“Our findings illustrate that groundwater stores are being depleted not only by excessive withdrawals, but due to injection, and potentially contamination, from the oil and gas industry in areas of deep fresh and brackish groundwater,” the authors found.
Published this week in Environmental Research Letters, the findings from the USask-led Global Water Futures (GWF) project on sub-surface freshwater provide important insights into the distribution of fresh groundwater prominent sedimentary basins across the U.S.
The authors note that the increase in pressure associated with injection of water, chemicals or sand (as in hydraulic fracturing or “fracking”) or of wastewater may drive waters containing hydrocarbons into adjacent areas that contain potable water.
“Areas where potable groundwater resources have little to no vertical separation from oil and gas production or disposal wells may be particularly vulnerable to contamination and warrant additional attention,” the study says.
Until now, the focus has been on monitoring dropping water tables said Grant Ferguson, principal investigator of the GWF project and a member of the USask Global Institute for Water Security.
“What has been missing from this picture is just how deep those groundwater resources extend, and it is a little bit trickier to get at that question,” said Ferguson, also an associate professor in the USask College of Engineering.
To find out, Ferguson’s team analyzed water chemistry data from the U.S. Geological Survey for 28 key sedimentary basins in the U.S., looking at the correlation between water well depths and the depth to the transition between fresh and brackish water.
Their results—that the average depth of transition zones is only around 550 metres—contradict previous studies suggesting that groundwater extends one to two kilometres.
“There are a number of cases where potentially you could go a kilometre or so deep for fresh groundwater, but there are other areas of the United States where in maybe a maximum of 200 or 300 metres you would run into saline groundwater—essentially you would be done in terms of water resources,” said Ferguson.
He noted that declining water tables and near-surface contamination are driving groundwater users to construct deeper wells in many U.S. aquifer systems. But given the salinity distribution revealed in the study, drilling deeper wells to access fresh groundwater resources in depleted areas is “not feasible extensively” across the continent.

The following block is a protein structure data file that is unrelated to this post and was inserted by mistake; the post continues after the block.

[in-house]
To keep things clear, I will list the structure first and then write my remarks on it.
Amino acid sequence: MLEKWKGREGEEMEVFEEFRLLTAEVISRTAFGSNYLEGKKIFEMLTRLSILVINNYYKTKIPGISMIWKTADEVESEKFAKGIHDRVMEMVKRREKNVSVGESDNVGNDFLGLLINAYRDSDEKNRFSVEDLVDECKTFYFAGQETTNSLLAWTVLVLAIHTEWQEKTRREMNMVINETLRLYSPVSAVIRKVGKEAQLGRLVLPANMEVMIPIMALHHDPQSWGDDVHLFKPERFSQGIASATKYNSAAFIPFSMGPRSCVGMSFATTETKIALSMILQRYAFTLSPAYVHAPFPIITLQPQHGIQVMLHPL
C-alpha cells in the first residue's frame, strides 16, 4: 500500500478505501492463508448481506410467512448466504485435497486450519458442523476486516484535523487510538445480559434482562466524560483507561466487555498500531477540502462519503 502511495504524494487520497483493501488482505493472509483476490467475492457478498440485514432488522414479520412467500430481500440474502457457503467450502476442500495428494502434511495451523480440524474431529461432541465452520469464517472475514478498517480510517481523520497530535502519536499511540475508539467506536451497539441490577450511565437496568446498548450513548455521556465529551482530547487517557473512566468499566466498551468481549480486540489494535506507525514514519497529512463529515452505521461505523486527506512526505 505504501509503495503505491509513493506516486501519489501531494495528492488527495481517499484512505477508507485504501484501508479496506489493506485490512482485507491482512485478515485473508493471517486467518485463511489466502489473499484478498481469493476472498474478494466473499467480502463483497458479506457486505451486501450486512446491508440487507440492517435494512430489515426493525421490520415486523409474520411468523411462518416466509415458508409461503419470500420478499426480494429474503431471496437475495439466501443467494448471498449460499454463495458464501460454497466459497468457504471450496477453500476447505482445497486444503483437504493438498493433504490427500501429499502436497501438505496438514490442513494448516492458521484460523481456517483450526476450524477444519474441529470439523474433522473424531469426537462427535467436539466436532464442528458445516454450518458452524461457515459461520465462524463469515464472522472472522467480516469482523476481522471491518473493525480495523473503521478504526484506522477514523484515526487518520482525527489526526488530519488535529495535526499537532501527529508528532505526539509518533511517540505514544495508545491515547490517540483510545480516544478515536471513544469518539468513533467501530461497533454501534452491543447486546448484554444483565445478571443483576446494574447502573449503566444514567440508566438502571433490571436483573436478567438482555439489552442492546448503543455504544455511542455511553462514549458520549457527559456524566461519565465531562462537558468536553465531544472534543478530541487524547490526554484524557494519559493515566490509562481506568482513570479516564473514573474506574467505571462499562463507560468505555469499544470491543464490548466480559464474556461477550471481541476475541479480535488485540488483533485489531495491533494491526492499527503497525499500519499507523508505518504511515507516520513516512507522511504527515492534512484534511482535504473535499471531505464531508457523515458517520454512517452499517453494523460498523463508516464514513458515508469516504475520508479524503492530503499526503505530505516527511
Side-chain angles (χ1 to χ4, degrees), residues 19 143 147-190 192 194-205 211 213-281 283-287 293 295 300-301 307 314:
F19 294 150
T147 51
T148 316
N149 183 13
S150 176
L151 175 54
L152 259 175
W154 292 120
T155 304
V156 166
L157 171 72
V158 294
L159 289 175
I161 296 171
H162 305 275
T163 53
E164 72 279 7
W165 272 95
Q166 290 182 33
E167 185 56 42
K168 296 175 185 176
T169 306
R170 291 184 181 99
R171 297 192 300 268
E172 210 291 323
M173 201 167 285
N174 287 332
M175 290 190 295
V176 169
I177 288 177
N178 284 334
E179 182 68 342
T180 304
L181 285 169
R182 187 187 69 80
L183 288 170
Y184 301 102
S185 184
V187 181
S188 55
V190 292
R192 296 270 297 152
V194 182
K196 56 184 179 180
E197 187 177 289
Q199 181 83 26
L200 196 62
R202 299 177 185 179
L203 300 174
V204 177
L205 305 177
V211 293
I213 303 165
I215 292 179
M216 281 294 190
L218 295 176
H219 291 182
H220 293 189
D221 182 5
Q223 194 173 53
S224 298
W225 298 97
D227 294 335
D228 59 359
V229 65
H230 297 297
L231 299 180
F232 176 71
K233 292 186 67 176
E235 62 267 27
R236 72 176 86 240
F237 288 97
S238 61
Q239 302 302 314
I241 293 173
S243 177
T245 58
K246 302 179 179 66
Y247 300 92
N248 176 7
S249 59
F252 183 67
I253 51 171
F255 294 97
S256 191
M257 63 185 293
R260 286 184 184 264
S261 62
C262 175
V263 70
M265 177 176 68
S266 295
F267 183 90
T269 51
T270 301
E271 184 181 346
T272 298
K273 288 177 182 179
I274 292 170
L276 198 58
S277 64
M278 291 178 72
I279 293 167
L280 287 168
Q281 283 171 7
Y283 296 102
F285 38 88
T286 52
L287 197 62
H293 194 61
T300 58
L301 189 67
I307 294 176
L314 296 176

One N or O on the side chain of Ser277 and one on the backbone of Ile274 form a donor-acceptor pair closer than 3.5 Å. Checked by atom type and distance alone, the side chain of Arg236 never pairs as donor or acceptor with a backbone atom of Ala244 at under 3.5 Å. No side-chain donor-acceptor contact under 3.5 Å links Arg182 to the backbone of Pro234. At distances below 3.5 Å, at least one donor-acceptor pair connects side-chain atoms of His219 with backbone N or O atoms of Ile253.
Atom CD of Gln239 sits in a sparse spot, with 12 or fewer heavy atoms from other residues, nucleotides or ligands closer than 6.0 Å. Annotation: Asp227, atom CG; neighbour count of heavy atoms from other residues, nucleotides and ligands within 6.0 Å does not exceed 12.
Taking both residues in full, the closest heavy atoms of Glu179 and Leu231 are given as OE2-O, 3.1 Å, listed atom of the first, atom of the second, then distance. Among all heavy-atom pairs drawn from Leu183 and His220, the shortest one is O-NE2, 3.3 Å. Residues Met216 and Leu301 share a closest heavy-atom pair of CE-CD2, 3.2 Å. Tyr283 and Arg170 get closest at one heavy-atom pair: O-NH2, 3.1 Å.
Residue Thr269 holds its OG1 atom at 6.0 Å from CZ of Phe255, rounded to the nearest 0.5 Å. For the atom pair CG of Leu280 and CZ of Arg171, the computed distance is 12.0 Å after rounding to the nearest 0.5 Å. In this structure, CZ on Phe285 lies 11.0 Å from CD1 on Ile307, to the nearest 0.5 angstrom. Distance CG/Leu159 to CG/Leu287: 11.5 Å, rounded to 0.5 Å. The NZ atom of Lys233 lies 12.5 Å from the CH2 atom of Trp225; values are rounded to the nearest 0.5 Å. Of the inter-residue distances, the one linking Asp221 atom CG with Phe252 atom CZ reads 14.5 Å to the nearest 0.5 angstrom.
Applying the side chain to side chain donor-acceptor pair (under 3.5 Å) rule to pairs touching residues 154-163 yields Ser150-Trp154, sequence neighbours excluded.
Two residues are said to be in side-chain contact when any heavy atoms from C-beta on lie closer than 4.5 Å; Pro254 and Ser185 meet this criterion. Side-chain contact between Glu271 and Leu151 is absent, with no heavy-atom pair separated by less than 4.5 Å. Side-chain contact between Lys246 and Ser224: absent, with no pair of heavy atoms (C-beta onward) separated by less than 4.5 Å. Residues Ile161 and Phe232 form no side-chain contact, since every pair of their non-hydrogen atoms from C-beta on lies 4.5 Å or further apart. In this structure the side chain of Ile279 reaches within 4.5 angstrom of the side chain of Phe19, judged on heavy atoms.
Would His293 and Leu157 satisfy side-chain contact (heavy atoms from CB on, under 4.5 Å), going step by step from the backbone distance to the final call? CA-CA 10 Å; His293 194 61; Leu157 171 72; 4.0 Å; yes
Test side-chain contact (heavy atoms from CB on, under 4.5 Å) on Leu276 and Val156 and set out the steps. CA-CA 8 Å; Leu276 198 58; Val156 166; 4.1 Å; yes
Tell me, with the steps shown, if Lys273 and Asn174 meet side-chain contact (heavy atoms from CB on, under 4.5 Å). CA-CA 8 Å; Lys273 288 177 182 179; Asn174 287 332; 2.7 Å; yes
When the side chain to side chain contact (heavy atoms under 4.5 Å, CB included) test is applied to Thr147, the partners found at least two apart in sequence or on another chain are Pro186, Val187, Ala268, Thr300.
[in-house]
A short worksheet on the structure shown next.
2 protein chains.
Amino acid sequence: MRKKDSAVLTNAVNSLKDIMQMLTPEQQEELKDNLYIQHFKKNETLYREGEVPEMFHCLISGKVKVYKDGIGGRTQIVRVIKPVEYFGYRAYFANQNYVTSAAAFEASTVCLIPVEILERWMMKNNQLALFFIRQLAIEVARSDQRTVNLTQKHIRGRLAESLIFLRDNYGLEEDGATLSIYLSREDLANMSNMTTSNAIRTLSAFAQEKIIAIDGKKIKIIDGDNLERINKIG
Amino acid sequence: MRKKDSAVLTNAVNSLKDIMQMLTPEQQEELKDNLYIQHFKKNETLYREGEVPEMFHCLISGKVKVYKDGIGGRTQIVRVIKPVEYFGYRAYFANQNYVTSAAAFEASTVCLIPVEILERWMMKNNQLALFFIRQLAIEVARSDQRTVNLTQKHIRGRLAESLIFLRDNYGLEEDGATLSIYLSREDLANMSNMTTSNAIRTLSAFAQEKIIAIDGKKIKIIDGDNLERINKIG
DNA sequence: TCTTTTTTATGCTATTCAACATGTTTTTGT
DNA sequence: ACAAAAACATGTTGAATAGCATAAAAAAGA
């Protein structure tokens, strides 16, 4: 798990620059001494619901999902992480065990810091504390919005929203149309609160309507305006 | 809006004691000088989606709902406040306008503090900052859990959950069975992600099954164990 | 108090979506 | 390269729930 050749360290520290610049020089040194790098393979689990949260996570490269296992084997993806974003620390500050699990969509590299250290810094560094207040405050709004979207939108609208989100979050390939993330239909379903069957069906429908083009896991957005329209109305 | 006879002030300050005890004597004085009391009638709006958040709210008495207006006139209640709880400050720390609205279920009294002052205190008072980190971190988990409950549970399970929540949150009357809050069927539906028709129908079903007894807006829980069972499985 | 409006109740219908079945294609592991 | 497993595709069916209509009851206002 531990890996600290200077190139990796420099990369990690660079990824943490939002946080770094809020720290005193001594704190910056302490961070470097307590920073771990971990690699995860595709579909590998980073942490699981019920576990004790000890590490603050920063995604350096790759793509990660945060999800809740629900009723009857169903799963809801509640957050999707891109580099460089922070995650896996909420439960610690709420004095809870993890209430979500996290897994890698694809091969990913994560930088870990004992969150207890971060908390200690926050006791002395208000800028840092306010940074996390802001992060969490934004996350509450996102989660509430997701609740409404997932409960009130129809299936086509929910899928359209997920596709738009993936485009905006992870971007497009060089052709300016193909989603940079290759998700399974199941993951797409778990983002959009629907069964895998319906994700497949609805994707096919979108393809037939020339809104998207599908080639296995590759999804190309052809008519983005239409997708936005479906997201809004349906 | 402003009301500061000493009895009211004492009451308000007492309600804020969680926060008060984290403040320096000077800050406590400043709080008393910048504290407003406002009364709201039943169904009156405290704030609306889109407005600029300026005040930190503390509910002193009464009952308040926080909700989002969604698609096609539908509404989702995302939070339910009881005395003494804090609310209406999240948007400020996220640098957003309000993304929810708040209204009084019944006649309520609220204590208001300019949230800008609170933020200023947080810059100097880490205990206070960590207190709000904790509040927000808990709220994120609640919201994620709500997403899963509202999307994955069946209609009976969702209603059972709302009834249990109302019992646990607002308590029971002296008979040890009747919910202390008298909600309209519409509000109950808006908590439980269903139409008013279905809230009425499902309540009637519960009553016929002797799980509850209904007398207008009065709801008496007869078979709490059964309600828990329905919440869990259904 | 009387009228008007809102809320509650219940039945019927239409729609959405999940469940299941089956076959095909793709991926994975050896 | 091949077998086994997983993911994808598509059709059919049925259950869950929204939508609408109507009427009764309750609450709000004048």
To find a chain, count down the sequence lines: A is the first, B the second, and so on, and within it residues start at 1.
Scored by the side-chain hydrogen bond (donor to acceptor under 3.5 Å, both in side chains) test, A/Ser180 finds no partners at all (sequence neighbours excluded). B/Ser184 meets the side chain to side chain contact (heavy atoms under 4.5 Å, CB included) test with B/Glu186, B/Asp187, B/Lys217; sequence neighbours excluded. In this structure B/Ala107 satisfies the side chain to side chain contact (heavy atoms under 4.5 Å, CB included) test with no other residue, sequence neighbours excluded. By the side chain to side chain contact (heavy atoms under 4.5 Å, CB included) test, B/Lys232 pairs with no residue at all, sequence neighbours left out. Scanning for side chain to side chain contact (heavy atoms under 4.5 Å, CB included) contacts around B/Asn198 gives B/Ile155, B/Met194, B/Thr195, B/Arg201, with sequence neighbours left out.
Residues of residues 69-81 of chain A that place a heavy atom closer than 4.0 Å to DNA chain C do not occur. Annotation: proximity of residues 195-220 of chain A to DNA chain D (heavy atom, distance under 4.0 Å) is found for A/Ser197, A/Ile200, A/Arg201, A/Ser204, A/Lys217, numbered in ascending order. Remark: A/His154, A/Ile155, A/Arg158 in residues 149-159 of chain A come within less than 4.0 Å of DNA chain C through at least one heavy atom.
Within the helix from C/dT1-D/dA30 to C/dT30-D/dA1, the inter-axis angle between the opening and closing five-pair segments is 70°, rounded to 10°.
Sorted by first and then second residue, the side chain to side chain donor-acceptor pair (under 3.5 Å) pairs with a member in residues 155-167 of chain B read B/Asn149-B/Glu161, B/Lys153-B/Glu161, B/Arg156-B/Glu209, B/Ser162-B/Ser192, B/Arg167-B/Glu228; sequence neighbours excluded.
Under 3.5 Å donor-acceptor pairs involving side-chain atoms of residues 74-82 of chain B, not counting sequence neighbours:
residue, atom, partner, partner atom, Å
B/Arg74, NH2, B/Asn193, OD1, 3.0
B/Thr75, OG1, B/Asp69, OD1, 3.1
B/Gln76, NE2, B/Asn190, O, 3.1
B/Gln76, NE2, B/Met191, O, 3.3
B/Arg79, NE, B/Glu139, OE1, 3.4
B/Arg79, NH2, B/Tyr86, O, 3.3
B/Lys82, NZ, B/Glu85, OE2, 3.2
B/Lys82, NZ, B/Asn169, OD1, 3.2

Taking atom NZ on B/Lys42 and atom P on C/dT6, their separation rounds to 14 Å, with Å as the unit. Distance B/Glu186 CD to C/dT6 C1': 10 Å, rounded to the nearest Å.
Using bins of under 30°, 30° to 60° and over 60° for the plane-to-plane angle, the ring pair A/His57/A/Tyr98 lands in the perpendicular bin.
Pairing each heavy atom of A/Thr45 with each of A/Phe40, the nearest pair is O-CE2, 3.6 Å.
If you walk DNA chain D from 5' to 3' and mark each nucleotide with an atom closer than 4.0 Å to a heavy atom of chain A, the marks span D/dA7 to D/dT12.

“We found that potable groundwater supplies in the U.S. do not go as deep as previously reported, meaning there is less groundwater for human and agricultural uses,” says Jennifer McIntosh, professor of hydrology and atmospheric sciences at the University of Arizona and a USask adjunct professor.
For McIntosh, these implications hit close to home.
“In Tucson, Arizona, about half of our drinking water comes from groundwater,” says McIntosh. She explains that many rural areas in Arizona and other parts of the U.S. rely on only groundwater for both agricultural and domestic use.
The authors say more in-depth research will be needed to address just how much separation between groundwater resources and oil and gas activities is required to protect groundwater.
“In some basins, injection wells are installed shallower than the transition from fresh to brackish water,” said Debra Perrone, assistant professor of environmental studies at the University of California.
“Combining top-down and bottom-up studies can give us a window into where fresh, uncontaminated groundwater exists, and where this window is getting smaller, either because the ceiling is coming down or the floor is coming up,” she said, adding “Our team’s results suggest that communities are competing for already limited groundwater resources.”
Based on their findings for the U.S., the authors suggest the amount of fresh groundwater available globally may also be less than previously thought. They note that an estimated more than five billion people live in water scarce areas, many of which rely on groundwater and some of which are in “overdrafted basins” (those in which significantly more water has been taken out of a basin than is coming in). The authors looked at U.S. data because data is more readily available than in Canada or other countries.
The study was supported by the Canadian science and engineering funding agency NSERC, the U.S. National Science Foundation and the W. M. Keck Foundation, and the Global Water Futures program funded by the Canada First Research Excellence Fund. Read the paper here: http://iopscience.iop.org/article/10.1088/1748-9326/aae6d8/meta
Earlier this year, NASA scientists, using 14 years of observations from the Gravity Recovery and Climate Experiment (GRACE) spacecraft mission, concluded that the world’s freshwater resources are under a level of stress unseen before. The senior author on the Nature paper was Jay Famiglietti, now director of the USask Global Institute for Water Security and Canada 150 Research Chair in Hydrology and Remote Sensing at USask.